Trump’s comments fired up his base, and the NFL counterprotests have whipped up the anti-Trump crowd into a frenzy. For those somewhere in between, it’s another step in the politicization of everything. TV, movies, sports and music used to be common ground for the average American to connect with neighbors and friends over. Today, you can’t even invite the neighbor over for Sunday football and pizza without expecting difficult conversations about politics and race to be forced upon you.

Which is why we need smart TV more than ever, because fiction in all forms still steals past the watchful dragons of our own presuppositions and prejudices and helps us look at the world in a different light.


Make no mistake, Star Trek Discovery is out to continue the brand’s legacy of dealing with weighty topics. But rather than being a pushing a conservative viewpoint or a liberal one, Discovery takes a third road toward something that will likely leave viewers of all political stripes nodding in agreement and feeling uncomfortable a la Southpark, which seeks to skewer the full spectrum with its often offensive humor.

That’s not to say that Discovery is trying to be funny. The show is led by Sonequa Martin-Green, who brought boatloads of gravitas to The Walking Dead. Like Walking Dead, Discovery starts off at a very grave place, with war ready to break out between the good guys and the notorious war-minded race of Klingon aliens.

As the humans decide whether or not to strike pre-emptively, the conversation revolves around not confusing race and culture. It’s not too hard to draw a line from that scene to both ISIS and North Korea.

“The allegory is that we really started working on the show in earnest around the time the election was happening,” showrunner Aaron Harberts told Entertainment Weekly.


The Klingons are going to help us really look at certain sides of ourselves and our country. Isolationism is a big theme. Racial purity is a big theme. The Klingons are not the enemy, but they do have a different view on things. It raises big questions: Should we let people in? Do we want to change? There’s also the question of just because you reach your hand out to someone, do they have to take it? Sometimes, they don’t want to take it. It’s been interesting to see how the times have become more of a mirror than we even thought they were going to be.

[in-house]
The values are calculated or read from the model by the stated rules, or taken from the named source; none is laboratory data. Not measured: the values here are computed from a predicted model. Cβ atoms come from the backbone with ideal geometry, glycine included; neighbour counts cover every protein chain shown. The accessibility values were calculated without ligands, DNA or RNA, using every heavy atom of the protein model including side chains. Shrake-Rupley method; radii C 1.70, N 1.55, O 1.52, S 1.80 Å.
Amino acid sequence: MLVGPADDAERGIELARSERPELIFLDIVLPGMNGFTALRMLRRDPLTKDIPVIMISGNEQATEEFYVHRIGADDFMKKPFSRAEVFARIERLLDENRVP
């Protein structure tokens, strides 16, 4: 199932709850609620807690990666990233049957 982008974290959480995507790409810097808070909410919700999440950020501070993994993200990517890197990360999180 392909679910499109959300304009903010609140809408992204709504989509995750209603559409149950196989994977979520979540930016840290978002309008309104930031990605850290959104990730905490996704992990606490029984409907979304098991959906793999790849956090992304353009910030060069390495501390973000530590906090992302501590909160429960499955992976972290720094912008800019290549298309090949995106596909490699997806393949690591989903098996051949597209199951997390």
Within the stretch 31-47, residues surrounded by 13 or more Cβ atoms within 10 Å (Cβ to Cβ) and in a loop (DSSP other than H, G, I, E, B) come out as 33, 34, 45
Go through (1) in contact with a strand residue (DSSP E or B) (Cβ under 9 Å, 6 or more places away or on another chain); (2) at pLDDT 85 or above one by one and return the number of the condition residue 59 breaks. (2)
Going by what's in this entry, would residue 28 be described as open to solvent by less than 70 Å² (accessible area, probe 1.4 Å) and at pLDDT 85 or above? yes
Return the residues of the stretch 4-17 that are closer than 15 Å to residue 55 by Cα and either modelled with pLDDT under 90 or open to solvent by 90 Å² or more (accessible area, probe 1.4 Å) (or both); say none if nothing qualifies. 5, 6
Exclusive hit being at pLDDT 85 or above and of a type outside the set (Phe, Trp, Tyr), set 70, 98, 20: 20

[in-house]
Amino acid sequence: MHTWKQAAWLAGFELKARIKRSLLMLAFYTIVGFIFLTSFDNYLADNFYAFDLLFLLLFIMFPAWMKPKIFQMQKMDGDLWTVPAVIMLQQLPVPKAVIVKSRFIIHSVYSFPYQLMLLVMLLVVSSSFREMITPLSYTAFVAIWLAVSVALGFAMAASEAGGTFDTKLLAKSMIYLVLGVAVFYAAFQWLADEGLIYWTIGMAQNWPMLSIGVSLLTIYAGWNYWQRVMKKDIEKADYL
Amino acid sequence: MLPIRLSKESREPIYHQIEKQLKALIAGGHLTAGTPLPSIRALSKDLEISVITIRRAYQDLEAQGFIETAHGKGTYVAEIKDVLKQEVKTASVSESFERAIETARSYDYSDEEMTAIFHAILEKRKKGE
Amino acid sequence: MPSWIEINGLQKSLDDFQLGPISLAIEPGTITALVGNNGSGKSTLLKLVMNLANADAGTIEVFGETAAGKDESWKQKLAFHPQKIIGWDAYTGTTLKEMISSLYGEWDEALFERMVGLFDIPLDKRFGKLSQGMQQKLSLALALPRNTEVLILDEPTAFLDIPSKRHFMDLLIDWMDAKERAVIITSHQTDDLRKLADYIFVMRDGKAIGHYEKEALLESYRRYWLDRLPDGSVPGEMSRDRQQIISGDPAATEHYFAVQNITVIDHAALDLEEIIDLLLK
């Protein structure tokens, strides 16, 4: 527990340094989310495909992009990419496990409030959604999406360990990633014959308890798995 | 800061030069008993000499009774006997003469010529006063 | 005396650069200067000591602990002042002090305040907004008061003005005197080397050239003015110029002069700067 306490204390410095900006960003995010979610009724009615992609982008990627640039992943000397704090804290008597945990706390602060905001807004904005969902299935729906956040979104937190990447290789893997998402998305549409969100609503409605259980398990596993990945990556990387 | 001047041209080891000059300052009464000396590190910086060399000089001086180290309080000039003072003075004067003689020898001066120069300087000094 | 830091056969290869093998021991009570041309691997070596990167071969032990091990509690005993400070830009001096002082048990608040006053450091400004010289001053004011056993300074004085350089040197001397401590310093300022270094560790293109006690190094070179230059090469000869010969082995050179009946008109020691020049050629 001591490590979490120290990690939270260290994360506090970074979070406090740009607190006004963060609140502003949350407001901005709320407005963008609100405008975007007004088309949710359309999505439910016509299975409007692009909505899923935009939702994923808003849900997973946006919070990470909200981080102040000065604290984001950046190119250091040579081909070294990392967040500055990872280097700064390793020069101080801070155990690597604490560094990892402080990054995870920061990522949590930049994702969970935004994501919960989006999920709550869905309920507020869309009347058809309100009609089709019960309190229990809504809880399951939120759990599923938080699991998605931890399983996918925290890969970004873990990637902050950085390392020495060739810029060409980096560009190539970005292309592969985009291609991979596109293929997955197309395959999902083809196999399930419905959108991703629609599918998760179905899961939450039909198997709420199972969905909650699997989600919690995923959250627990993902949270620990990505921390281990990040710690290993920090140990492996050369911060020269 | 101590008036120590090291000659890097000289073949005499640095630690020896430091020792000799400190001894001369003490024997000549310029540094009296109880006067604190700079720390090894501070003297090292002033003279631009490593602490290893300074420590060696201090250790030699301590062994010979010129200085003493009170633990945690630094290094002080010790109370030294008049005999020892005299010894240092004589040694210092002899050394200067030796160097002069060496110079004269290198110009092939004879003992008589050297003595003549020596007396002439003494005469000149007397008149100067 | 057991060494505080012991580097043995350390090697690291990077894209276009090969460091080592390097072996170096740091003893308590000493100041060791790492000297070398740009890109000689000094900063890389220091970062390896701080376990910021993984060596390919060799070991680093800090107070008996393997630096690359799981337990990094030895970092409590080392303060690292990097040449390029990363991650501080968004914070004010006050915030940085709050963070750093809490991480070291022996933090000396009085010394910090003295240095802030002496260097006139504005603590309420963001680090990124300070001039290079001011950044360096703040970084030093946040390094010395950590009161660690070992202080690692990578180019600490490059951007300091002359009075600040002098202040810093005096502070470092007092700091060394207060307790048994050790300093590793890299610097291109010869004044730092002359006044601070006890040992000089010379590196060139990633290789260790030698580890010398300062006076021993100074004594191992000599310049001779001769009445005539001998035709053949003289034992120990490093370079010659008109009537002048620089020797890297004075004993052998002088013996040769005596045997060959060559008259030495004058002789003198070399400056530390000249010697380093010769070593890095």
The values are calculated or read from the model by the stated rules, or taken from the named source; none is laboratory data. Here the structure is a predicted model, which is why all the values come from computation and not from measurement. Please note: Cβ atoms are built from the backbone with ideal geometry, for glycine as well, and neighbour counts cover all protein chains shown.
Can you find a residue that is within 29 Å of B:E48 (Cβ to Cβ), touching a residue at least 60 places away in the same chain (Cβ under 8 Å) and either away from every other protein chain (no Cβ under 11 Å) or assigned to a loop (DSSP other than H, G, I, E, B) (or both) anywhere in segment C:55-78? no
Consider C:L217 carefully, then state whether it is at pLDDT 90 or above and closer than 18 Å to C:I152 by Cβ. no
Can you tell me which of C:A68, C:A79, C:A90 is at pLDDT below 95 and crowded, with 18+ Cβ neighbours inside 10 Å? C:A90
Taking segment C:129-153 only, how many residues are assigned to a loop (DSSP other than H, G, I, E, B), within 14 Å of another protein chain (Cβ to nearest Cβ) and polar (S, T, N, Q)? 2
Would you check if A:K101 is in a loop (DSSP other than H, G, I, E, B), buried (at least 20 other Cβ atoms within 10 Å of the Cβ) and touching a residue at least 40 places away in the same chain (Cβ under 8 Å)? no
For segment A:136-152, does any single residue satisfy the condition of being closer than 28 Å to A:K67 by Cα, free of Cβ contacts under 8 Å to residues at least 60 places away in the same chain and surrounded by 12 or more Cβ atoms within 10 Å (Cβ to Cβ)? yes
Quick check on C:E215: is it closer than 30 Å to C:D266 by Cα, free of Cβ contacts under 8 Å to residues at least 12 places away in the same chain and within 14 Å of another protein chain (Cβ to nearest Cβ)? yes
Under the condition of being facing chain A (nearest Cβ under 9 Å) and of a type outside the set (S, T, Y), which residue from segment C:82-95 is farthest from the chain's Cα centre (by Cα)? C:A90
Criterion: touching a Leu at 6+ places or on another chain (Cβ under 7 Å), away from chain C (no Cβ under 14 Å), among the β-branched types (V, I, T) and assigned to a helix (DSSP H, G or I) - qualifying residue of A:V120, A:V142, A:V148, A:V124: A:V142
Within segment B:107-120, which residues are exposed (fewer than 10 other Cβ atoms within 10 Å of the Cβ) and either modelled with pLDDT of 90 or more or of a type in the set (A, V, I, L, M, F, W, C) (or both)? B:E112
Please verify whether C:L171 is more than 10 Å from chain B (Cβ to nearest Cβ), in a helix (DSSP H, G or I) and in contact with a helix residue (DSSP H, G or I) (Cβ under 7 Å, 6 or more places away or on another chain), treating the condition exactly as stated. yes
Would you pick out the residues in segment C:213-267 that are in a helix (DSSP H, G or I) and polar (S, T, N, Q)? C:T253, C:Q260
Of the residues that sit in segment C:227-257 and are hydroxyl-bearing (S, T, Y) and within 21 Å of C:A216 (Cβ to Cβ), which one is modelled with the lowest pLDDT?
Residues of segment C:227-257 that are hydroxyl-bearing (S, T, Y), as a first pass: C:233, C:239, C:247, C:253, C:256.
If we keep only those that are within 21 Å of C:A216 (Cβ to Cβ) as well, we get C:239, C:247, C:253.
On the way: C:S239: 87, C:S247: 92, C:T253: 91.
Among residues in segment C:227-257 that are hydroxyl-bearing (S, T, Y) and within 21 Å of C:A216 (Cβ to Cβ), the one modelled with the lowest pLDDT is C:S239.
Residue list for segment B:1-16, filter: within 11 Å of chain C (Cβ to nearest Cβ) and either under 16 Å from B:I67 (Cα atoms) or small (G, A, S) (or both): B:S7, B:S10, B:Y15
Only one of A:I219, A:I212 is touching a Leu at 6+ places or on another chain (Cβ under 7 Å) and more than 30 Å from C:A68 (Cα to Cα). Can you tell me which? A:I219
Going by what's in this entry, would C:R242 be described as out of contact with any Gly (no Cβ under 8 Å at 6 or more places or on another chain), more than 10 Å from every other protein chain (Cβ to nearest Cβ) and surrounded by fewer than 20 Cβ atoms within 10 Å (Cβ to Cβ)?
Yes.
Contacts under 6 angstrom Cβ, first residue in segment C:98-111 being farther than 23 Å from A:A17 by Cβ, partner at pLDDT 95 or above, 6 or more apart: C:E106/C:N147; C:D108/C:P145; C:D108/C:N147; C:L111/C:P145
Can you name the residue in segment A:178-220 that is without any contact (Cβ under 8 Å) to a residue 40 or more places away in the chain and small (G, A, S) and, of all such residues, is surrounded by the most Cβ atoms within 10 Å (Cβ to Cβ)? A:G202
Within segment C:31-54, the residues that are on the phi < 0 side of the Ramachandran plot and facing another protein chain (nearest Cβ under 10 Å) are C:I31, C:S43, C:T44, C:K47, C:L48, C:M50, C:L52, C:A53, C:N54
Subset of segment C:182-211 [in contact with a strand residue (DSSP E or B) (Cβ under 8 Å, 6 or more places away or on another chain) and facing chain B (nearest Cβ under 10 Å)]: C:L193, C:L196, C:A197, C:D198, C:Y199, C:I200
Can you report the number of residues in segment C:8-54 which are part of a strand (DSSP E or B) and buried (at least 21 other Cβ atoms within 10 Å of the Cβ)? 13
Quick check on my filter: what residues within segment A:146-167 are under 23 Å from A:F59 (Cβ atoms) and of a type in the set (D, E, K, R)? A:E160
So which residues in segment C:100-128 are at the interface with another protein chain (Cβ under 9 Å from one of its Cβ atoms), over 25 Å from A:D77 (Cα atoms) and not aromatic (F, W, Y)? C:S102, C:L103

It’s worth noting that the first two episodes do not show Discovery’s hand on what the show will ultimately say about life and politics in 2017 America, but CBS is betting you’ll pay to find out. Discovery is the flagship offering of CBS All Access, a new streaming service that’s $6 per month to stream virtually every show the network has created over the last few decades.

Which means that the people who need this show the most may not ever get to it. Discovery may just be an echo chamber for longtime fans of the franchise. But here’s to hoping it’s more than that, because a show that pushes us to consider the viewpoints of another is a show that makes us all better neighbors, citizens and friends.

The Puritans who settled in the American colonies lived by an idea that time was not to be used or wasted, but rather redeemed. A show that’s blockbuster-budget beautiful while lowering our mental defenses to be open to new ideas is certainly time redeemed. We all need to be making decisions that help us step toward people who don’t share our viewpoints, and Star Trek Discovery may be a small part of that journey.